How else can I produce endorphins? What else is stressful? Can mental stress cause endorphins? If change is stressful, can change cause endorphins? Can getting out of my comfort zone cause endorphins? ummmhh..

I made the statement last week that ASU has a culture of change. As it was pointed out to me that is an un-true statement. ASU NEEDS a culture of change - however it does NOT have a culture of change - YET. There is a rumor afloat that we are going to become the New American University. [Please note - this is more than a rumor]. Change is going to happen whether we participate or not. Technology change is going to happen whether we participate or not. Stress is going to happen whether we participate or not. The New American University is going to happen whether we participate or not.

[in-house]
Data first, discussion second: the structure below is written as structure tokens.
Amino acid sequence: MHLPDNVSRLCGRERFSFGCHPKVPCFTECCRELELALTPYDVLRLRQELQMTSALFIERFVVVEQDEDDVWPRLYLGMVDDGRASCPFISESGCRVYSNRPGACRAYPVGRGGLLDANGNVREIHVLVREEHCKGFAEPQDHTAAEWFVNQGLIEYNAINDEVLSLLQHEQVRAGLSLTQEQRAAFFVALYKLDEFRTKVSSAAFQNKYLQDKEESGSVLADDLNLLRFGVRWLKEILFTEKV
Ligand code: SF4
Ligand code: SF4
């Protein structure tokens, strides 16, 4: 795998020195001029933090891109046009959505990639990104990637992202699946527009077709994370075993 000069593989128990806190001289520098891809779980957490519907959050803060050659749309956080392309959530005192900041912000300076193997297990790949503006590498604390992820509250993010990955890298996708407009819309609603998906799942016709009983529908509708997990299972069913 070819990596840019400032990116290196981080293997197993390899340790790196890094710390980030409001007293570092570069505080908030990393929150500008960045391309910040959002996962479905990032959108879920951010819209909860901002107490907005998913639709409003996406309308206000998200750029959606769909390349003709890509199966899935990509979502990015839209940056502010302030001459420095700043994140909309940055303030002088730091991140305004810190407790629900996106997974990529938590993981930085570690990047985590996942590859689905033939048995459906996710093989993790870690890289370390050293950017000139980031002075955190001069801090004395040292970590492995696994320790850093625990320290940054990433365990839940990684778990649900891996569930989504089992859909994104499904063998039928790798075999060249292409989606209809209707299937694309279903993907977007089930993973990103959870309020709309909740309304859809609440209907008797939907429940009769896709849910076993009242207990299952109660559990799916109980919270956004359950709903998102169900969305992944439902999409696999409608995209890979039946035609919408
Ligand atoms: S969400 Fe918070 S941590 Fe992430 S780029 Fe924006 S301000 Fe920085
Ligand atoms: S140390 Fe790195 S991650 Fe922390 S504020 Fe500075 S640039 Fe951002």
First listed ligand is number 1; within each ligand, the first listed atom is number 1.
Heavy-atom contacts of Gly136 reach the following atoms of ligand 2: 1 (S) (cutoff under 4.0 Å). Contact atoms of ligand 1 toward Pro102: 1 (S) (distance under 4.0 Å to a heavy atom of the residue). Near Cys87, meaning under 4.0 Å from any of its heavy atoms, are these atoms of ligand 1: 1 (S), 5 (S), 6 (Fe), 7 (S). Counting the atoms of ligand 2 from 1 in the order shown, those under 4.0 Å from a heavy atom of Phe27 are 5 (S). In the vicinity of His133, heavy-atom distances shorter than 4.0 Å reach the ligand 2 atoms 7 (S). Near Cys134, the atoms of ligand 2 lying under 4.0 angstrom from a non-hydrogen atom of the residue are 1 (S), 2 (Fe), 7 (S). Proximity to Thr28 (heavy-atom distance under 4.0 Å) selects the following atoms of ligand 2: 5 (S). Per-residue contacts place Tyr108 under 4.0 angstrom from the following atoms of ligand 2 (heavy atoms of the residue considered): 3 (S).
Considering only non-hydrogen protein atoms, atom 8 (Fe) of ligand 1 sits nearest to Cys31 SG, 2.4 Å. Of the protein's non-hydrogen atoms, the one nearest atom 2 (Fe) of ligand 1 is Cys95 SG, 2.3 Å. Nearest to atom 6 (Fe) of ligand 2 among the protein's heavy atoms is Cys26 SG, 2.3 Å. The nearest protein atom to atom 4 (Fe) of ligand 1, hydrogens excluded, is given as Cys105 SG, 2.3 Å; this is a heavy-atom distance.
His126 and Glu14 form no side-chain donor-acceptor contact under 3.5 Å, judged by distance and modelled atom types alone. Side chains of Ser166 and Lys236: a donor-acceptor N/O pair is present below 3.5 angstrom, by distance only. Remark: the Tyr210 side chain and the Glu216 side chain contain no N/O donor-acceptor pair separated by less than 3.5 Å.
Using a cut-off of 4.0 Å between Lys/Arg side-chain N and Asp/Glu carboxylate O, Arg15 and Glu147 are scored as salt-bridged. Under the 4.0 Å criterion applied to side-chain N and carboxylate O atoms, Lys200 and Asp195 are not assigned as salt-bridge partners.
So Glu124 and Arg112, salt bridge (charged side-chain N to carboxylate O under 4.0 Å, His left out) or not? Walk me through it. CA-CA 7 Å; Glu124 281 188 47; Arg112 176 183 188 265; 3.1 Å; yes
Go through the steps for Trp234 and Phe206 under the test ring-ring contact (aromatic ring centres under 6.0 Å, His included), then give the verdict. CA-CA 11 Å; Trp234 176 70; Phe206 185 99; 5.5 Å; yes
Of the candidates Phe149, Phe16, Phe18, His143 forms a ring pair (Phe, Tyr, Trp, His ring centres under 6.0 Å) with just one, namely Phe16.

Adrian’s Blog is change. Adrian’s Blog is a technical change (for most of us). Responding to Adrian’s Blog is stressful. Adrian’s Blog is helping shape (at least that is the plan) the New American University. Let’s all change; let’s all influence technical change; let’s all get stressed; let’s all help shape the New American University. By “all” I mean functional as well as technical staff must help shape our technology change. I admit I have been somewhat of a skeptic about blogging our way to change – but the old method hasn’t been working. It is time to change. It is time to get stressed. It is time to get another way to produce endorphins. My goal is to add another phrase to my current mantras – “Close the gap” and “Death before decaf”. The phrase I want to add is “Blogging – the new endorphin!” You can help me add this mantra by changing, by stressing, and by blogging.